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Christy Mahone

EL | When and how did climbing all these huge mountains become a goal?

CM | I finished hiking all the 14ers in Colorado in 2004. Ted had also hiked them all and was on a mission to ski them. By the time he finished in 2008 (he was the third person ever to do so), I had already skied over 30 peaks with him. At this point, I thought I might as well try to ski all 54 of them myself. And that is when skiing the 14ers became my own project.

EL |  Did you have to follow certain criteria to make your accomplishment official?

CM | Skiing the 14ers does come with certain guidelines and ethics. The most universal guideline in the sport is that you have to ski down from the summit. A few of the harder peaks involved down-climbing rocks or a ski repel. But for the most part, you need to have your skis on for the entire descent.

It’s also important to document the project with photos, dates and route descriptions. I am lucky to have Ted as a partner because he is an excellent photographer and taught me to track this information early on. We also have a great Web site,, in which we could share this information easily with others.

EL  | The last mountain you climbed — the 54th — put up some resistance.

CM | It sure did. Capitol Peak ended up being my last ski descent and was both mentally and physically challenging for me. Capitol Peak is a notoriously tough mountain so I tried not to leave it for last, but that didn’t really work out. I had two failed attempts on the peak, one due to snow conditions and the other due to being really sick. Skiing Capitol is really involved, not just because of the steepness and exposure, but also because the approach is long and tedious. We had to start at the trailhead at 12 a.m. and ski for almost seven hours before even getting a look at the actual ski line. It is a big day and takes a lot out of you.

EL | Did you ever doubt yourself? Did you ever question your goal?

CM | I did, especially surrounding my failed attempts on Capitol. That was a real test of will and self-confidence. But in the end it strengthened my devotion to completing the project. Around this time I questioned whether or not I should be attempting a route with such big consequences. I worried for myself as well as my partners. I was concerned about putting myself in a position that was beyond my ability. But I proved to myself that I was an experienced enough skier and mountaineer to pull it off, and that was an awesome feeling.

EL | Did exploring the edge of your own abilities change your perception about what’s possible for you?

CM | I didn’t necessarily have low self-confidence before —­ but skiing all the 14ers definitely strengthened my confidence. Like with any goal that you achieve, it motivates you and pushes you to do things that you might not have believed you could do. I am not a particularly gifted athlete. I just try very hard. I work hard and put in the time it takes to achieve my goals. Becoming the first woman to ski all of Colorado’s 14ers taught me that you can do anything and become anyone you want to if you just put your mind to it. This has also made an impact in my career and relationships. It has been an incredible journey.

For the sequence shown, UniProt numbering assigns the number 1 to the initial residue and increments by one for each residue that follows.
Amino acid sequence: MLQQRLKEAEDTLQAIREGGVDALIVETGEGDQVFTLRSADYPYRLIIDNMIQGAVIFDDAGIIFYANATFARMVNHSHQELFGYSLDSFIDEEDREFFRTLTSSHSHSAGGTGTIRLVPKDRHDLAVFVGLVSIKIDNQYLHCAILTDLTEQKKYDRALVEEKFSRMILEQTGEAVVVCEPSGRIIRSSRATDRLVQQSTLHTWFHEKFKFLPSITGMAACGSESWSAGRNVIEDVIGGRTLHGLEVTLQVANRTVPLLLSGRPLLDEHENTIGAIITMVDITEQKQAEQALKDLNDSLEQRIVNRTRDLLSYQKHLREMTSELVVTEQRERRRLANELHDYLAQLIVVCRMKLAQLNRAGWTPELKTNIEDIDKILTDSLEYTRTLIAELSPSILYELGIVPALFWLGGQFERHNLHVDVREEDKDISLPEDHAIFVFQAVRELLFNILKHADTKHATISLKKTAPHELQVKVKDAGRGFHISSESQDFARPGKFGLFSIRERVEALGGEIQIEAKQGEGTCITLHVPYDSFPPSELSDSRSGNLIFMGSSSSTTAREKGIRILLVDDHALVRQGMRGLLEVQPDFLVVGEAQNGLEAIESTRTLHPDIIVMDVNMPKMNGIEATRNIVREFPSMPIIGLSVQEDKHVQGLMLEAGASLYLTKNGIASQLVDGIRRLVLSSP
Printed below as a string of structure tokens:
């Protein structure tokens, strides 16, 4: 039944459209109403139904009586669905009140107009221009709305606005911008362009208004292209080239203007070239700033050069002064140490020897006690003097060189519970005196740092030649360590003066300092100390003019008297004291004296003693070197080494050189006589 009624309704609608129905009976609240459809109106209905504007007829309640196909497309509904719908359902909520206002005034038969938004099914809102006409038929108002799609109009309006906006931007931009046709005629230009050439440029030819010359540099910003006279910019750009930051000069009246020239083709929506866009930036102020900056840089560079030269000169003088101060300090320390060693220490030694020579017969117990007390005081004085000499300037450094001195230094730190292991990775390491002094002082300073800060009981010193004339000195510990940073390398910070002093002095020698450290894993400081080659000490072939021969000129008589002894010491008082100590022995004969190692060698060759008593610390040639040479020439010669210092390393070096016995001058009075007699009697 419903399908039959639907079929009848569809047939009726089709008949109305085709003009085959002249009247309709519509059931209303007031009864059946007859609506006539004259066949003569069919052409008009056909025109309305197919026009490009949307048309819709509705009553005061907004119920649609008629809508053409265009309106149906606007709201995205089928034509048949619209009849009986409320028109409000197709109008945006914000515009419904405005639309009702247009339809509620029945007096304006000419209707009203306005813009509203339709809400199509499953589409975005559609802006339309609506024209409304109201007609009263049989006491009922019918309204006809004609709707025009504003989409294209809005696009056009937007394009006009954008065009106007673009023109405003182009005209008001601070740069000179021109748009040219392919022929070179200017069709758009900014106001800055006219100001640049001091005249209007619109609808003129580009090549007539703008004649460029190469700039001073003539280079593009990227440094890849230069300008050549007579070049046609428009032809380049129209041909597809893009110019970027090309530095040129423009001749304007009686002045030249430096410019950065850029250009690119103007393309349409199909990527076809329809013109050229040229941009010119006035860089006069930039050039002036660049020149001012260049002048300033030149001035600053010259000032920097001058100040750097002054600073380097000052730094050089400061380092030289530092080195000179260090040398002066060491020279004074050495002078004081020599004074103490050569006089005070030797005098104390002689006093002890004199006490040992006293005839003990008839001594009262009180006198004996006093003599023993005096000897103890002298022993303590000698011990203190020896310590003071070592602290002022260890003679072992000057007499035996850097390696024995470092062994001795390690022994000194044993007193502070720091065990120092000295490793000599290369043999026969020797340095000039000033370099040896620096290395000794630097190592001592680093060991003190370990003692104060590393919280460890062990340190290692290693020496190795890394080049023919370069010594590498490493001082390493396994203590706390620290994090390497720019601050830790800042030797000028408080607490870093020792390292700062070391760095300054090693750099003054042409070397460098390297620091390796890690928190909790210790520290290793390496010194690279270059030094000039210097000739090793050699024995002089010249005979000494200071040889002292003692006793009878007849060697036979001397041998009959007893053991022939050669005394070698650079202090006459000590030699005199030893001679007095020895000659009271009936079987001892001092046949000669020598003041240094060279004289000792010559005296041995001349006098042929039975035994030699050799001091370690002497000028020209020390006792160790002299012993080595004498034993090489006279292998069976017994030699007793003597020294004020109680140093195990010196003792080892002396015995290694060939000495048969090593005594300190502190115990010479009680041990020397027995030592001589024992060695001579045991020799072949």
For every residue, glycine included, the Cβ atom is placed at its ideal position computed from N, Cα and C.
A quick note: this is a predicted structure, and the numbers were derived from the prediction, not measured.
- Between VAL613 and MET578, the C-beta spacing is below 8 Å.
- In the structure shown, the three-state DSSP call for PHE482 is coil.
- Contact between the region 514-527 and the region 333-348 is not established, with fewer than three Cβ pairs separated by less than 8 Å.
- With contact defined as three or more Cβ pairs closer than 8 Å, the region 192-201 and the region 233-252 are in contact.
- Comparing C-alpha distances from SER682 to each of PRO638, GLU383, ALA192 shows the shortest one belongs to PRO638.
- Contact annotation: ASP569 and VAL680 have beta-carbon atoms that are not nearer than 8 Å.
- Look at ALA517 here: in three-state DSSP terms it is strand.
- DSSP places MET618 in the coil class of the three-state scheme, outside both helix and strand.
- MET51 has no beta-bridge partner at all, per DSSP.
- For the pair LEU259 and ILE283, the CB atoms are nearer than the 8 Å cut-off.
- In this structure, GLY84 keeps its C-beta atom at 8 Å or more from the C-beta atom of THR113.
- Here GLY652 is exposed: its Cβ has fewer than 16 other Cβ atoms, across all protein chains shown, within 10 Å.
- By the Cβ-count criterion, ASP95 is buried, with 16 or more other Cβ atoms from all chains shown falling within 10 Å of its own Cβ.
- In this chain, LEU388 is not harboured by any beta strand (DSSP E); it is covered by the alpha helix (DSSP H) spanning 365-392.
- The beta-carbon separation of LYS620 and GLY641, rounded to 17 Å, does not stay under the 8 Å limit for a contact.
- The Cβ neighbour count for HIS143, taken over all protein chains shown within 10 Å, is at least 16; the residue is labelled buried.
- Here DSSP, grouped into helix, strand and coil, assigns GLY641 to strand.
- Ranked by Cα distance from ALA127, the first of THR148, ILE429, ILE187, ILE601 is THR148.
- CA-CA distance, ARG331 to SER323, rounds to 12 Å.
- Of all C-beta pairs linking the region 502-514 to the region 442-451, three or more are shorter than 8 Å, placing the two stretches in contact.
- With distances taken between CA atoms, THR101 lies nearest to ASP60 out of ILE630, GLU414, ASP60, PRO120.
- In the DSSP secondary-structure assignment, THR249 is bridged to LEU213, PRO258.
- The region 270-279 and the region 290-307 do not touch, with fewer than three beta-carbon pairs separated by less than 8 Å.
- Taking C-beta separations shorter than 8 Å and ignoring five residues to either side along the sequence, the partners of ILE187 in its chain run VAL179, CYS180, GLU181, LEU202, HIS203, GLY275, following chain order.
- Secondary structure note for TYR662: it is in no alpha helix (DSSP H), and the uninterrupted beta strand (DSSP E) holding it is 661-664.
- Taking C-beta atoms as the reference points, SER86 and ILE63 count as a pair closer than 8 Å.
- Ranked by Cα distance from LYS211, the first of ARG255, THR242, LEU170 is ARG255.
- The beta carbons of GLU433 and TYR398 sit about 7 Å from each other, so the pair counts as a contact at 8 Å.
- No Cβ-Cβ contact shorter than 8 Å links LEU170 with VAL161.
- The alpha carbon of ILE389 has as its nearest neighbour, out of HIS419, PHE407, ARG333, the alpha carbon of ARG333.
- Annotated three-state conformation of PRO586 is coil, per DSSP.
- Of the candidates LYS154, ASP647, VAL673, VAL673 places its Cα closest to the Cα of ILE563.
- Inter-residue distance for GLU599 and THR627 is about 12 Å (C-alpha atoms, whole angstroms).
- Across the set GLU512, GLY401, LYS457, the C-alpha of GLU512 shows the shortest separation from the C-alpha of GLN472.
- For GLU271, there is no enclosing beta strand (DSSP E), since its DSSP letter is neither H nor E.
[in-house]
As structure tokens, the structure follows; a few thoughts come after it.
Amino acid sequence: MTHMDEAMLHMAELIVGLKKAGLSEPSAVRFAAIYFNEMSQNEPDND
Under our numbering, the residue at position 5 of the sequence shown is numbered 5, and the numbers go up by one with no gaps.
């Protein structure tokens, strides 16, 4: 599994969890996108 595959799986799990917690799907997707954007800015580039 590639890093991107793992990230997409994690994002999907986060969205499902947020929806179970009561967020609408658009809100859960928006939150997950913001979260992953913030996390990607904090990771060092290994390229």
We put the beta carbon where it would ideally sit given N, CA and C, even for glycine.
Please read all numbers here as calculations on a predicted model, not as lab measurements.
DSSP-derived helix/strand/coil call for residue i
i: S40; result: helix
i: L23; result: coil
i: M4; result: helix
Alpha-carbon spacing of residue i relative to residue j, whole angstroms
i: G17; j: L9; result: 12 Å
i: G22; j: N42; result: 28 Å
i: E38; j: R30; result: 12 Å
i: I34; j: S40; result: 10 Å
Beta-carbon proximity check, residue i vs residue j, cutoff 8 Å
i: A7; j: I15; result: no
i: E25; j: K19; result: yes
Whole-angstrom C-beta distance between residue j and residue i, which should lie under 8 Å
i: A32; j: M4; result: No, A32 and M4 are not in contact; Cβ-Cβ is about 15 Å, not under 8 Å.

EL | What do you enjoy about skiing with your husband?

CM | I like that when you work through hard times and intense situations together, it creates an intense bond. You come out of things stronger and with a real sense of trust. That’s probably one of the reasons our relationship is so strong. In this day and age, where work can come home with you so easily, I think it’s good to just draw the line and go out and have an adventure. It doesn’t even have to be in the mountains or woods. It could be in the city — going to museums together, exploring new neighborhoods, just being able to separate yourself from your average daily life.

EL | You’ve managed to do all this while holding down a full-time job [as development director of the Aspen Center for Environmental Studies]. Do you have time for anything else?

CM | I have a community garden. It’s been a goal of mine this summer to be eating as much as I can out of the garden. I play tennis. I sew clothes. I cross-country ski during the winter. I’m also a pretty big trail runner, so I have some ultra-marathons this summer. I’ve got a 50-mile race next weekend. There’s never a dull moment around here.

EL | So what’s next? 

CM | More of the same, really. Last fall I finished hiking the highest 100 peaks in the state and I’ve got a long list of peaks I would like to ski and hike in the future. These types of projects take you to places you want to come back to, and open your eyes to all sorts of possibilities. The list just keeps getting longer, not shorter. I would love to attempt a few traverses through some of the Colorado mountain ranges, and there are some big peaks around the world I would like to climb and ski. Skiing in Norway, climbing in Bolivia, exploring more peaks in Nepal. It’s all on the list.

Thoughts to share?

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